Today we are starting a week which promises to be extremely difficult and tense. The intention to use the Barcelona and Cambrils attacks for political purposes is obvious. And if they continue in this vein, the Saturday demonstration is sure to spark episodes of political tension which will be no less important over the next few days. Yet on the other hand, the investigations by the Mossos (Catalan police) must continue and will be crucial in establishing the timeline of events, which still has huge gaps. We cannot discard the possibility that some of the things we are thinking today will change tomorrow when new information is made available.
Some media and politicians are already insistently seeking a confrontation, especially against the Generalitat. And this is beginning to prompt indignation among many people, especially because of some overly slapdash behaviours which are disrespectful of the reality of the events we have experienced. But, no matter how understandable this indignation may be, we must still be aware that calm is needed now more than ever.
We especially need a large dose of calm to respond appropriately to the attacks. The way the attacks can be used is also infuriating because it is deflecting the attention from what we should all be focusing on, namely striving to understand what happened and how it happened, and what we need to do to ensure that such a thing doesn’t happen again. Barcelona and Catalonia have reacted in a very solid and even exemplary way, showing signs of great maturity as a society. We have to continue along this pathway. Nothing should sway us from this purpose: to know how to react appropriately to the perpetrators of the attacks and everything they stand for.
A large dose of calm is also needed to maintain the integrity of the official response, and I am certain that this is not easy. The Generalitat and the two town halls involved have provided an outstanding example, working side by side and halting any attempts at manipulation that are trying to pit them against each other. And this must continue. Some people want to downplay the job of the Mossos, but their performance has been excellent. Their deployment around Catalonia was impressive, yielding dramatic results in Cambrils, Vic, Ripoll and Barcelona. And they have implemented a communication policy worthy of the democratic police in any European country. It is important to recall that at the moment of the attack and the hours after it – the decisive ones – the police of Catalonia and the government of the Generalitat were alone, and they behaved like the police and government of a state, which politically they could already be. We cannot accept the fact that those who have sabotaged the efforts of the Mossos in this specific area now want to diminish their accomplishments.
A large dose of calm is also needed to appreciate and properly cherish the solidarity streaming in from all over the world, but especially to particularly appreciate the solidarity coming from Spain. These days, there are many kind gestures, both big and small, and many kind acts which deserve our sincerest gratitude. And we cannot taint them – nor do we have the right to – by jumbling them together with the spiteful, denigrating behaviours, which there have also been. Gestures of support are infinitely valuable in times like this. And respecting them, valuing them and recognising them is a sign of maturity and sensibility.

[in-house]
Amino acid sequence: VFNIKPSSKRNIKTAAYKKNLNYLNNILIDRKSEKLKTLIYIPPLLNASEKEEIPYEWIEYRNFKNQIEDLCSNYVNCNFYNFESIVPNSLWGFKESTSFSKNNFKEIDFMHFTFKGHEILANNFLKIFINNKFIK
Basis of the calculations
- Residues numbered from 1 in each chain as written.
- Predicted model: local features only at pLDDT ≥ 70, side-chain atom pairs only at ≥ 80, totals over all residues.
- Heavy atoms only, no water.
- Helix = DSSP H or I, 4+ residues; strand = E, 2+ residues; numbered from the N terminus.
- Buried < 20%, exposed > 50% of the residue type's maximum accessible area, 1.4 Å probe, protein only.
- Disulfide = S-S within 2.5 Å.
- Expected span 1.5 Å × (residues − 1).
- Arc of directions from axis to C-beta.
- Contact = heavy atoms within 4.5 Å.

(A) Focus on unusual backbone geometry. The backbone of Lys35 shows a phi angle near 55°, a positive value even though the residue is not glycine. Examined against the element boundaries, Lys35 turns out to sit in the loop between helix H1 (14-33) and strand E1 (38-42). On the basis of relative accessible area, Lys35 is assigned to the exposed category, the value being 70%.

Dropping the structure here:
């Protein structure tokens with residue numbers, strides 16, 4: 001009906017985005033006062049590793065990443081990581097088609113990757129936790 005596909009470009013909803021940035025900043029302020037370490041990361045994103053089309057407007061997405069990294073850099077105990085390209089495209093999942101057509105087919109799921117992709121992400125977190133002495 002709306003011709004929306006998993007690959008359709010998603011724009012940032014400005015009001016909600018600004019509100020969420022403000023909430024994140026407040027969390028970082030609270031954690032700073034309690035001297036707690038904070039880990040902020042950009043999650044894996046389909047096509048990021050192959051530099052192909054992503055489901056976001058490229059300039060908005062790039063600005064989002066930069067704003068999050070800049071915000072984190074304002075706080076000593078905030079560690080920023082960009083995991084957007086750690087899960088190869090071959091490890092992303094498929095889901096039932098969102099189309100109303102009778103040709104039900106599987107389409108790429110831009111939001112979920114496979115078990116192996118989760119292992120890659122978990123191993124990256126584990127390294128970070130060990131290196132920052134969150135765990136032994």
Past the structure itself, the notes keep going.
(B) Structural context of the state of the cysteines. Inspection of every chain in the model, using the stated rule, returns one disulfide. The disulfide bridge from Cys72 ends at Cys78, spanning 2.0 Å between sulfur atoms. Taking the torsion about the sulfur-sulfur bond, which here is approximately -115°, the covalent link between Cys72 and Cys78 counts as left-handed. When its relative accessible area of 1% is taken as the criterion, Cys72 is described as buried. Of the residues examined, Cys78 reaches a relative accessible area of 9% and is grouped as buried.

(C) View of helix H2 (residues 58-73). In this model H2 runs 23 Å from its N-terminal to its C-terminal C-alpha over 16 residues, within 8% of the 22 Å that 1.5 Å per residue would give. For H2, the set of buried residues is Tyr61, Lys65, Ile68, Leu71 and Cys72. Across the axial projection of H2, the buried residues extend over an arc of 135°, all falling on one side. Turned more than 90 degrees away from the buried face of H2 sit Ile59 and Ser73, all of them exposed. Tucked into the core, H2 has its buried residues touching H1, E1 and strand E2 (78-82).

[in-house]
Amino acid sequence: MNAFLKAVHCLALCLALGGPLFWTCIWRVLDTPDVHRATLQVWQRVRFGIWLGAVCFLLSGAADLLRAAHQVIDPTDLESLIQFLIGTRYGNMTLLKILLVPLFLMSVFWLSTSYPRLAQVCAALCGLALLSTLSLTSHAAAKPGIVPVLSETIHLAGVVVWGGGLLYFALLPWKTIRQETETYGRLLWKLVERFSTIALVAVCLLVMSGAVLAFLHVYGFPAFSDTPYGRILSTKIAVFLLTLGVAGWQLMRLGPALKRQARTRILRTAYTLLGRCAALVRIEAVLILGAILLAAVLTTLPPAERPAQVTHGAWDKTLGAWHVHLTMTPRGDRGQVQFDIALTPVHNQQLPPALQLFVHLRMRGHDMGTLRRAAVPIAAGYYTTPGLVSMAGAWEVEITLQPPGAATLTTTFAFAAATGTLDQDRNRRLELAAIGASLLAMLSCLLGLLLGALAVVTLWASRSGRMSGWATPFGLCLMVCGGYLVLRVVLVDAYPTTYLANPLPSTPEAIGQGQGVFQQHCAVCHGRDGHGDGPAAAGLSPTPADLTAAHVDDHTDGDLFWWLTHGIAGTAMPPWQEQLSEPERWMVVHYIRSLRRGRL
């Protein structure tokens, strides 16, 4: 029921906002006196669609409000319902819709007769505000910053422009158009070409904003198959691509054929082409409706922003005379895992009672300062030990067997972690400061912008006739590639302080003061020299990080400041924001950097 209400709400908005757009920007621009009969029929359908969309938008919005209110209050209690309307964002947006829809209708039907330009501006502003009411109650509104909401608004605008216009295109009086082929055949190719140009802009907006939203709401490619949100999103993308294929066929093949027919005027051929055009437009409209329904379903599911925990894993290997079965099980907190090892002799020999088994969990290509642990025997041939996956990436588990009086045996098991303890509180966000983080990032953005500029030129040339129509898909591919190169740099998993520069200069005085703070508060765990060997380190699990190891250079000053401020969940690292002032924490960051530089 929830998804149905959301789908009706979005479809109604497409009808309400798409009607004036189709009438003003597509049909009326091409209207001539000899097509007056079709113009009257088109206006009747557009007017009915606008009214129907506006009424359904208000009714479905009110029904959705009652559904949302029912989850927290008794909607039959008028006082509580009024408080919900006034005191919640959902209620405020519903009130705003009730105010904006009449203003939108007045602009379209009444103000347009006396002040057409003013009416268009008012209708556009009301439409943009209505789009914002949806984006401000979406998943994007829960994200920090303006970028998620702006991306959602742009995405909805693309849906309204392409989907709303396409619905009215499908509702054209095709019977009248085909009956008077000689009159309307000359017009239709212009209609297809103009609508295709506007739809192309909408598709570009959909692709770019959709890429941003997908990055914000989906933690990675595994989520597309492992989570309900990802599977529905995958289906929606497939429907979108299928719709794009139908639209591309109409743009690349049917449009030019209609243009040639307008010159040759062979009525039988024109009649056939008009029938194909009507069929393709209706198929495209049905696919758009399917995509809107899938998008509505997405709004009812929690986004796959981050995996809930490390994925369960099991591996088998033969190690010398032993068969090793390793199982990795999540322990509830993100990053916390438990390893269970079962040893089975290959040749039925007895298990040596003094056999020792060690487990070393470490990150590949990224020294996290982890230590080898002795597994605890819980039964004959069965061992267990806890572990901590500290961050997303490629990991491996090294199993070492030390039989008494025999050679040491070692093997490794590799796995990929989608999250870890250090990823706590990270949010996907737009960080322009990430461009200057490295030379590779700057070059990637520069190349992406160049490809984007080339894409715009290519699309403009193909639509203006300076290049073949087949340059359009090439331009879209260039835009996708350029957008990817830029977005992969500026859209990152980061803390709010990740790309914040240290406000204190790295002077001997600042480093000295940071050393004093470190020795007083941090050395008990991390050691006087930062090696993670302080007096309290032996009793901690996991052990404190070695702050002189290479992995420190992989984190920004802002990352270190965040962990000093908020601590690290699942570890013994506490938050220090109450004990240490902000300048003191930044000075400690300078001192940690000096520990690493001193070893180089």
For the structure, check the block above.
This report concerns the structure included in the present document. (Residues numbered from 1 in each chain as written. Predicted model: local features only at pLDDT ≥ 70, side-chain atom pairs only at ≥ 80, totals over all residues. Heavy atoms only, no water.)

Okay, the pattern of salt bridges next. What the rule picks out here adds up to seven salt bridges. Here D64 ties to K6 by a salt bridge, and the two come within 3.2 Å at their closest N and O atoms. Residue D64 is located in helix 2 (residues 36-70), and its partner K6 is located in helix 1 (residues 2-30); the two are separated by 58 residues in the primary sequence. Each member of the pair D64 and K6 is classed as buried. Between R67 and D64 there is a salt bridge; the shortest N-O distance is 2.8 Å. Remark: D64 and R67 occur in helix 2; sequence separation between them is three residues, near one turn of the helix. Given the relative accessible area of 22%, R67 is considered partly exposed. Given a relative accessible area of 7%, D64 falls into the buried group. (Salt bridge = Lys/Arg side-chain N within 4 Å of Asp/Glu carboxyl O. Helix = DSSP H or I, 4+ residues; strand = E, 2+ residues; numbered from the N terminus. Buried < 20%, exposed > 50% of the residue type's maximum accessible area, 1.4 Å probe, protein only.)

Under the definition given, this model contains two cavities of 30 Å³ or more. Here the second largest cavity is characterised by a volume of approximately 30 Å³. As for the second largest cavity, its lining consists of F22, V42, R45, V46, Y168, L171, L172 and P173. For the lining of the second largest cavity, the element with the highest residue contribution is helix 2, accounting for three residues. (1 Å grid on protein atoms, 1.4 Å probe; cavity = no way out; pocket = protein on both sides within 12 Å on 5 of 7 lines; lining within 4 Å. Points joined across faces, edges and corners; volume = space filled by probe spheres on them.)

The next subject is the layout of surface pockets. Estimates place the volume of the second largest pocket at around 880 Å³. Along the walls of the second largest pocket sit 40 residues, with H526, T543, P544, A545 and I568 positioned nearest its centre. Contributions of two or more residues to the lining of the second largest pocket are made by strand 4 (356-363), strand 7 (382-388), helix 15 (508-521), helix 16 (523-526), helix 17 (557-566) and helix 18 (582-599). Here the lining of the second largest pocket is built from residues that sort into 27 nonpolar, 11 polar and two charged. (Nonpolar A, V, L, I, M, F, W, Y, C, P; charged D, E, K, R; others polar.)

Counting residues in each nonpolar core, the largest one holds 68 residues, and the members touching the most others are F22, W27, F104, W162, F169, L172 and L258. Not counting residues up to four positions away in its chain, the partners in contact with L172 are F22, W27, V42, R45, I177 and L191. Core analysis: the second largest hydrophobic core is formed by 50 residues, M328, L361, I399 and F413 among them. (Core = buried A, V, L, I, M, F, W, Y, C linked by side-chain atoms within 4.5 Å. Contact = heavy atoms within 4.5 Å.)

And a large dose of calm is also needed because what is at play this week is politically decisive. A month and a half is left before the referendum on independence is held, and all signs point to a possible victory, which would lead to the immediate proclamation of the republic. It is essential to bear this backdrop in mind. The sorcerers who preach the “shock theory” believe that when a society sustains such a clear position as Catalan society has for so many years, a brutal shock that shakes it up should be caused or taken advantage of in an attempt to see whether it changes out of desperation. I don’t see any symptom of this, but we should remain aware that when the earth moves, and our country is trembling right now, any misstep could have huge consequences.
And in that regard, I think we should be very calm, especially to defend a key feature which has distinguished Catalonia’s reaction from many others: we can neither accept nor tolerate any decrease in democratic freedoms. Unfortunately, taking advantage of events like this to trim citizen freedoms has been a common practice in Europe until now. Many governments have taken dangerous steps that haven’t accomplished much, if anything; right now, France doesn’t know how it can go back to alert level 4 and take the army off the streets. In this regard, the reaction of Catalan politicians has been extremely praiseworthy. We Catalans as a society have made it clear that attacks against freedom must be combatted from freedom and with freedom, from tolerance and with tolerance. But we are still aware that to achieve this a large dose of calm is needed, because we have to avoid at all costs provocations such as those that could cause a clash of civilisations, which would actually be a clash amongst ourselves.
Some months ago I published an interview with the British diplomat Shaun Riordan, in which he advised: “If you want to be independent, act like an independent country”. Thursday, Catalonia did what Riordan said was needed: it reacted with the calm, steadfastness and capability expected of any state. Let us remain that way, as this is the road ahead: calm, surefooted, rigour in investigations, empathetic leadership, plurality, tolerance, consensus, values and freedom.
[VilaWeb no és com els altres. Fer un diari compromès i de qualitat té un cost alt i només amb el vostre suport econòmic podrem continuar creixent. Cliqueu aquí.]